Use this URL to cite or link to this record in EThOS: http://ethos.bl.uk/OrderDetails.do?uin=uk.bl.ethos.638191
Title: Physical and biological factors affecting the distribution and abundance of juvenile flatfish in Swansea Bay
Author: Mig-Not, J.
Awarding Body: University College of Swansea
Current Institution: Swansea University
Date of Award: 1996
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Abstract:
A study of juvenile flatfish was undertaken in Swansea Bay to ascertain the distribution and abundance of plaice, dab, sole, flounder and brill, at five sites, across the Bay and to determine which factors had the greatest influence on the observed distribution. Swansea Bay was found to be a nursery area for 0-group plaice, dab, sole and brill but not for flounder, though these were observed in the freshwater streams draining into the Bay. Food was not considered to be a limiting factor. West Cross, in the more sheltered western part of the Bay was the most diversely and densely populated flatfish site. Partitioning of resources was promoted by the tidal migration used by flounder as a feeding strategy, night feeding of sole and the differing diet of brill from the other flatfish. Panjet dye-marking of the 0-group flatfish, showed no evidence of interchange of flatfish between inshore sample sites, but did show an offshore movement of the older flatfish. Tagging with mini-Petersen discs showed that all the III-group plaice had vacated the Bay, for deeper water. The growth rates and mean length after the first season of growth in plaice and dab were higher in Swansea Bay than in other British flatfish nursery areas, the high summer temperatures of 18-21oC being a contributing factor. A density-dependent effect occurred at West Cross, which was most pronounced when comparing the 1993 and 1994 year classes of plaice, dab and sole. The sedentary polychaete Lanice conchilega was an extremely important food source for 0-group plaice, dab and sole, and the mysid, Schistomysis spiritus for 0-group brill. A significant difference in diet was observed between sites for plaice, sole and flounder. Difference in the diet was significant between age groups of flounder, but all species, at the site where they were most abundant, showed an increase in niche breadth with age. Plaice, dab, sole and flounder were polychaete-crustacean feeders, and the older brill were piscivores.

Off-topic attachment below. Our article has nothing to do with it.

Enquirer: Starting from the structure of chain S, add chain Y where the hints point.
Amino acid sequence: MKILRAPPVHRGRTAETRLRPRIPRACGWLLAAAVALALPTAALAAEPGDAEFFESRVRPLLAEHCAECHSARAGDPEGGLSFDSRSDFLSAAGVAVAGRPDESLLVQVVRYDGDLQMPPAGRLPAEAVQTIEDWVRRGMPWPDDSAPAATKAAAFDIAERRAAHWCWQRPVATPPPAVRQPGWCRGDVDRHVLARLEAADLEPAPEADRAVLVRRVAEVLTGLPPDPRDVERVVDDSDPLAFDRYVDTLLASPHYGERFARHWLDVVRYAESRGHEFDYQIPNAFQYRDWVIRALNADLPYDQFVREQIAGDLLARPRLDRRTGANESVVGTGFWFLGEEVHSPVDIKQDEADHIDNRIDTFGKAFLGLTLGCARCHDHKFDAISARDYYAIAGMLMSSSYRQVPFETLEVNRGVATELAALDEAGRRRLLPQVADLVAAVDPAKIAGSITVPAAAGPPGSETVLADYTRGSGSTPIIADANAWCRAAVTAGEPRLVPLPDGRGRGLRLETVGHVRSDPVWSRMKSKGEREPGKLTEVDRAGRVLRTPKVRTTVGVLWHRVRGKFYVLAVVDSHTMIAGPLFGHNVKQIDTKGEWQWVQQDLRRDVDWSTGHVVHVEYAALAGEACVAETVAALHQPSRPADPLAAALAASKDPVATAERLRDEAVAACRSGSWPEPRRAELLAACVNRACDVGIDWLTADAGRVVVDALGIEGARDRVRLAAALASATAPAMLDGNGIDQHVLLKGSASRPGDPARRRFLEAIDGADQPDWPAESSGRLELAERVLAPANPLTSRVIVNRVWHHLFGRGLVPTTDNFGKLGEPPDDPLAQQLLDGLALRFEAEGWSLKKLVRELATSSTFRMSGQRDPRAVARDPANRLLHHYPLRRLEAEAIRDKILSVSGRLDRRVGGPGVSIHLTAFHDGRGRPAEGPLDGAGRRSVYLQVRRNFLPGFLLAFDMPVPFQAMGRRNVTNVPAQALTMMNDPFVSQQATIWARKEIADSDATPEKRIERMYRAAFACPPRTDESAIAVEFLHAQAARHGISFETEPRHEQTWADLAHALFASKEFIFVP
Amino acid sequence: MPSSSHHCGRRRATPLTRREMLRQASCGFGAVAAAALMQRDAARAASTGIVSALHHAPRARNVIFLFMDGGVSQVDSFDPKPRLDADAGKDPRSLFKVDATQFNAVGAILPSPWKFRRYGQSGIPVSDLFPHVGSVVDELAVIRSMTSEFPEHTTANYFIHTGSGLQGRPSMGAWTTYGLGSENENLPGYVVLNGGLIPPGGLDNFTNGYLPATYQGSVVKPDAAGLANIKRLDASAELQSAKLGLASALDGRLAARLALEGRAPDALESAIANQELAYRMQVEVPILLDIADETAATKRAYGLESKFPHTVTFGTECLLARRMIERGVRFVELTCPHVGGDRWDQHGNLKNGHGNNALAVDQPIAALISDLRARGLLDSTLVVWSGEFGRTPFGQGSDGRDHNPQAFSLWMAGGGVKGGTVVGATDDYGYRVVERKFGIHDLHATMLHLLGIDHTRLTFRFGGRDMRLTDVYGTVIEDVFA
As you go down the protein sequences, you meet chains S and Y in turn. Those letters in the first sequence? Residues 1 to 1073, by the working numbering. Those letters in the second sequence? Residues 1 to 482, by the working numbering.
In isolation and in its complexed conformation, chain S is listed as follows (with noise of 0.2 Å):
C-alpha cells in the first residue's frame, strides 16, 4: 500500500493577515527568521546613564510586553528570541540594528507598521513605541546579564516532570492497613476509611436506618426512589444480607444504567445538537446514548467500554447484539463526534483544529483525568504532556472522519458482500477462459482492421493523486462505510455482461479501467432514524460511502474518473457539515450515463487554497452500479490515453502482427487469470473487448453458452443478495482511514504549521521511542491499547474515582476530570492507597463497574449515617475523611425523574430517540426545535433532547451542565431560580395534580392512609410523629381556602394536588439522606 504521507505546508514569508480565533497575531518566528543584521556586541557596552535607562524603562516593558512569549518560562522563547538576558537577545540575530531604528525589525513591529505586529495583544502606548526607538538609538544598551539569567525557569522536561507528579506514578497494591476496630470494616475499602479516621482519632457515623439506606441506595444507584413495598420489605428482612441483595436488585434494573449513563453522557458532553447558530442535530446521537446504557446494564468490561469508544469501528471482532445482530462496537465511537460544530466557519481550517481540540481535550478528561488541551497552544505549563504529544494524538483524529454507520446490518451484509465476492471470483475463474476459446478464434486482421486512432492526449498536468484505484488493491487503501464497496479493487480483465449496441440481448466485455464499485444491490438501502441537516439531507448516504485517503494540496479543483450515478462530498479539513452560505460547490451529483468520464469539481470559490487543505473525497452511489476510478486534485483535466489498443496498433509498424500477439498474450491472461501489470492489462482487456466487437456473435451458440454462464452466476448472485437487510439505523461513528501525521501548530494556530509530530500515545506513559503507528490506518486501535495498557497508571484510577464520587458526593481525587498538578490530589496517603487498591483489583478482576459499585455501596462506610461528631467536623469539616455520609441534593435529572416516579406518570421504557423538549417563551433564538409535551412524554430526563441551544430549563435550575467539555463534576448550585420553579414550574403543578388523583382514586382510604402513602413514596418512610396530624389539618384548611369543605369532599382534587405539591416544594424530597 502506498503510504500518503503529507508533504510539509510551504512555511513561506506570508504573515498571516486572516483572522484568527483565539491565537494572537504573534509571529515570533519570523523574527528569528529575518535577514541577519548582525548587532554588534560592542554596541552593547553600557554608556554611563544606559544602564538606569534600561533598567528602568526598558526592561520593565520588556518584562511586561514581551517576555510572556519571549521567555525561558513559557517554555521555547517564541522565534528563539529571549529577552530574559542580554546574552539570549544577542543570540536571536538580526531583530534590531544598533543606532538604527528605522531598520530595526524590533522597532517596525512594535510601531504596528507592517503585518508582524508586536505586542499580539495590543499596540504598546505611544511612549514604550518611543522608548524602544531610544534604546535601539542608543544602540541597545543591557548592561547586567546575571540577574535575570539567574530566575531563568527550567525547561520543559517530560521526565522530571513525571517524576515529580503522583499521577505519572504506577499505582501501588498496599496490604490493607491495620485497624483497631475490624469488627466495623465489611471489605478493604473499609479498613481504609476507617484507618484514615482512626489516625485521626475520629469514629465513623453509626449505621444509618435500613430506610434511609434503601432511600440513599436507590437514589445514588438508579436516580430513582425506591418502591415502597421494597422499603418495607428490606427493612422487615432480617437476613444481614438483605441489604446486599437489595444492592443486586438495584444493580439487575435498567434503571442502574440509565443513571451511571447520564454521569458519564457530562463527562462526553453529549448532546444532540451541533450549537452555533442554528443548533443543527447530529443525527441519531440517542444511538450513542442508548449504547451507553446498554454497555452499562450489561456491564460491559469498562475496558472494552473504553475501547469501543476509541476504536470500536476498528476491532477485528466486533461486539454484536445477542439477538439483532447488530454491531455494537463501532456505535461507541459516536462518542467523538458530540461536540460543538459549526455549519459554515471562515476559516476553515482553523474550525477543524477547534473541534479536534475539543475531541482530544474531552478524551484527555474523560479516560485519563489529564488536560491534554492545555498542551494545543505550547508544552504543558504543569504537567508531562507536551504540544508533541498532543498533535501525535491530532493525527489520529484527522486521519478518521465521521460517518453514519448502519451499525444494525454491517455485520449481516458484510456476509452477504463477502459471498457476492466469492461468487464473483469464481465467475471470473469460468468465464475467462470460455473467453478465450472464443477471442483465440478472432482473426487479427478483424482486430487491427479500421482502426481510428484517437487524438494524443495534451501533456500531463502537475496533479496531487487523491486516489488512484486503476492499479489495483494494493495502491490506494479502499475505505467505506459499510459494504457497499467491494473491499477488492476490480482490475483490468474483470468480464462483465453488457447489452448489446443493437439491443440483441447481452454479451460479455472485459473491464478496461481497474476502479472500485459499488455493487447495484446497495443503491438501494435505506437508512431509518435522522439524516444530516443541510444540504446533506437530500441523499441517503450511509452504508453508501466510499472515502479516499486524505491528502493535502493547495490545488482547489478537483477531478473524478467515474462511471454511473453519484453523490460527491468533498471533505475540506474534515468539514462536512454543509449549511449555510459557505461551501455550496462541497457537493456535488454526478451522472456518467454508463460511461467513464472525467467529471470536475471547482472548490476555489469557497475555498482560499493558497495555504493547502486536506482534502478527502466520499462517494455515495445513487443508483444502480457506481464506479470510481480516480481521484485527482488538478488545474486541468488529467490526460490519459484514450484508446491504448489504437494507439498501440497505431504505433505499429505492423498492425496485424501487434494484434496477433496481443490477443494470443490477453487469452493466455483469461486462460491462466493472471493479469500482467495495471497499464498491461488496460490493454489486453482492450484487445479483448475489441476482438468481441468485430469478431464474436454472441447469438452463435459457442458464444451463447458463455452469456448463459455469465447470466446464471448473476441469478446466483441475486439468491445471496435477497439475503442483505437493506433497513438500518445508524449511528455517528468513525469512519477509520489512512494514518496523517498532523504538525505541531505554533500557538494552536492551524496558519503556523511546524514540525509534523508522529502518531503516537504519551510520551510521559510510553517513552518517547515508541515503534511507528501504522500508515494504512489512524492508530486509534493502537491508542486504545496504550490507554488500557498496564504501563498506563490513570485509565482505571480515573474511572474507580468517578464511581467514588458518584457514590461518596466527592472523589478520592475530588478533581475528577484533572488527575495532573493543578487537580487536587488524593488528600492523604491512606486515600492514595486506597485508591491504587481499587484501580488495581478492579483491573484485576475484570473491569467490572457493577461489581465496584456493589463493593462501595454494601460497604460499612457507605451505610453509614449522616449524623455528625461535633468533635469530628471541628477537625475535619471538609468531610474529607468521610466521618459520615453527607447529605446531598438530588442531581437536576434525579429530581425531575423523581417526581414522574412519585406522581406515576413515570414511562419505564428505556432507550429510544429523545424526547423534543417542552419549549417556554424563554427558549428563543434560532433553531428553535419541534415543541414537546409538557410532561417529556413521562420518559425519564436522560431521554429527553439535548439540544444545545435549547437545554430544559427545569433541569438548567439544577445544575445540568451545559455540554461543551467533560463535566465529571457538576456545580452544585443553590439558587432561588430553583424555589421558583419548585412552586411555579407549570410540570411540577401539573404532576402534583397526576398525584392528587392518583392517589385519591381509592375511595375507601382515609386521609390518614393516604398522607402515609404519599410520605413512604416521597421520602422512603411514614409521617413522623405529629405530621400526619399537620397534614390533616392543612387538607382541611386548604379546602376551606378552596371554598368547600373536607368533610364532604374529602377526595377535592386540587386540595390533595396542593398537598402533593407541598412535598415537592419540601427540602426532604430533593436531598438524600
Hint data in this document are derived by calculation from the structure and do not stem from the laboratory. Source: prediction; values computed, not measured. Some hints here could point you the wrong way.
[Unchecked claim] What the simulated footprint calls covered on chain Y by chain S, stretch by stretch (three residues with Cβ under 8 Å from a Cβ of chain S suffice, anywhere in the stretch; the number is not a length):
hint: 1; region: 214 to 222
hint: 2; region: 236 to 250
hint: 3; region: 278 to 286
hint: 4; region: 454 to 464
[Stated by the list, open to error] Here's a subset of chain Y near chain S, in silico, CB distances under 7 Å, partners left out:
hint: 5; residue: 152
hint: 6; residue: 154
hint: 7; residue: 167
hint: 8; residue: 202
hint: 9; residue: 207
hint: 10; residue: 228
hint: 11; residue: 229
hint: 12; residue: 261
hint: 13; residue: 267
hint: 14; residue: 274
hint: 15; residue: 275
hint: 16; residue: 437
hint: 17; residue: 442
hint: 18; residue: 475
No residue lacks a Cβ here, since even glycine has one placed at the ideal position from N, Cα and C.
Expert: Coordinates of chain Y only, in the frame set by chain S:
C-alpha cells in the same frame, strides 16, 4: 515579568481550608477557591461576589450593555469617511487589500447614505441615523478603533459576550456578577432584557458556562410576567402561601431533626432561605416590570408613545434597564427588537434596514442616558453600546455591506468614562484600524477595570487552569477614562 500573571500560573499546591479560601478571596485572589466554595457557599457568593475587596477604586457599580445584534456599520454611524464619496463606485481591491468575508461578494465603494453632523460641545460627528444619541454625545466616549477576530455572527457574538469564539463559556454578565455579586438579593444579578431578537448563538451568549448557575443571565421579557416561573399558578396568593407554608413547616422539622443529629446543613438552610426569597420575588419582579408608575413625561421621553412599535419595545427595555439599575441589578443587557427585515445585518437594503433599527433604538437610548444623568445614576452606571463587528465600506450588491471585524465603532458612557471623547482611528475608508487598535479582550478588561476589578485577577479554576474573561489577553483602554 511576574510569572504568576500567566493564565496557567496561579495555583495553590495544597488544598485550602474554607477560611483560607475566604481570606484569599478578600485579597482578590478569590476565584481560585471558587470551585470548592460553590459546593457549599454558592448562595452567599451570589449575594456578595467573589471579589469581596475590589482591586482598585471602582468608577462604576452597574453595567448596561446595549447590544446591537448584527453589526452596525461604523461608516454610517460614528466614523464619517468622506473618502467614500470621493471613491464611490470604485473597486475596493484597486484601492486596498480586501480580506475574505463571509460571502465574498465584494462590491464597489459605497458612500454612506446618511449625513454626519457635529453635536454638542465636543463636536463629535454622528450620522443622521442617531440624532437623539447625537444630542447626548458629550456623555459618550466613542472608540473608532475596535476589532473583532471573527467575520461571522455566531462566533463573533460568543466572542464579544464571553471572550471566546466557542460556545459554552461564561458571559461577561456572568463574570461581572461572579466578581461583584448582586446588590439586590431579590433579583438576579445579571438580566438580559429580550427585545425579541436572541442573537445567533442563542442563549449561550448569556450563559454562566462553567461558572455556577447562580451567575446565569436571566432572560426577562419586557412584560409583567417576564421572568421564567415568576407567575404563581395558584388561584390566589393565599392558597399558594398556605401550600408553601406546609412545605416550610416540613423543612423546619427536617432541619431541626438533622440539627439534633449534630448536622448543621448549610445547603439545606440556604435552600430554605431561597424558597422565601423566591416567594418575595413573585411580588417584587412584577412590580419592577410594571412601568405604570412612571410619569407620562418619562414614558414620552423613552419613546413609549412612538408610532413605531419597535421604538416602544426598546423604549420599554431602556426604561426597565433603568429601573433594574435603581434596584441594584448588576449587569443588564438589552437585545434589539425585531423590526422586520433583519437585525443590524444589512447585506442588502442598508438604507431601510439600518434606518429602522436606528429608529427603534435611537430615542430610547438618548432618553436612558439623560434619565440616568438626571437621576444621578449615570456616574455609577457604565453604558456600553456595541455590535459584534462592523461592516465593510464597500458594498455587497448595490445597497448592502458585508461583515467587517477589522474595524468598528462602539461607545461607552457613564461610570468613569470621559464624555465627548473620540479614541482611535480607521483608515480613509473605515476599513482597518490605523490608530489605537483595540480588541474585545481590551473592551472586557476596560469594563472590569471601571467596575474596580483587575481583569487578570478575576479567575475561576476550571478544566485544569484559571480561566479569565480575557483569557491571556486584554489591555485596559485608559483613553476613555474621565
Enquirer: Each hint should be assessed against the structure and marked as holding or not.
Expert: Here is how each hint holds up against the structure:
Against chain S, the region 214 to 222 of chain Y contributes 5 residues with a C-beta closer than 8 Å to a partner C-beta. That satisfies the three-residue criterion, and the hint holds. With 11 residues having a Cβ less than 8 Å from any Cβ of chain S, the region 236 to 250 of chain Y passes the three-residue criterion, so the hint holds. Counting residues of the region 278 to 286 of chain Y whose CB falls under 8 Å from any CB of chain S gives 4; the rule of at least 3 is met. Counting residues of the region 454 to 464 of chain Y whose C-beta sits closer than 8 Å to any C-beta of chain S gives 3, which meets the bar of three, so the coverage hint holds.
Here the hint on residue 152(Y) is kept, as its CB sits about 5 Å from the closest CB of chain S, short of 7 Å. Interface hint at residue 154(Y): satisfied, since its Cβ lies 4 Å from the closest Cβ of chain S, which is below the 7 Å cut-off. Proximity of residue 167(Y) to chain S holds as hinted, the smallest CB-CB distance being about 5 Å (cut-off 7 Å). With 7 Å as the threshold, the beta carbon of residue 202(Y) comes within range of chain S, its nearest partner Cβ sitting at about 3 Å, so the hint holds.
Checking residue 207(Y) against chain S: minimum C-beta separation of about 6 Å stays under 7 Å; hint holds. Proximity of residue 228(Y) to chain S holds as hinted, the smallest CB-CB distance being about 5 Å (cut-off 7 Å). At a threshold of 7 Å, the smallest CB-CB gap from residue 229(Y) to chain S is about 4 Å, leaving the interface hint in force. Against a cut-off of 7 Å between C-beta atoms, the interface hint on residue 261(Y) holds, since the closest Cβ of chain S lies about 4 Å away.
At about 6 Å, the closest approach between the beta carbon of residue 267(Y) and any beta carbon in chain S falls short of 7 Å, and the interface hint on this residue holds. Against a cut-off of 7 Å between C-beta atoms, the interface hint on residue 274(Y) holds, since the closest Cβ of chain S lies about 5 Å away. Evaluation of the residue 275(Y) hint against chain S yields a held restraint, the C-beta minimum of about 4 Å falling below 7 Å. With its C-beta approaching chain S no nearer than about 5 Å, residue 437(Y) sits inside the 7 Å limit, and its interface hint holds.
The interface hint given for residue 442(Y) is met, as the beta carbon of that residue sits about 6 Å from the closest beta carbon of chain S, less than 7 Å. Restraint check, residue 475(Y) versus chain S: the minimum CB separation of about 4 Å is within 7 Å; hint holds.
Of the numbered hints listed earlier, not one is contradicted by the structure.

Supervisor: Not available Sponsor: Not available
Qualification Name: Thesis (Ph.D.) Qualification Level: Doctoral
EThOS ID: uk.bl.ethos.638191  DOI: Not available
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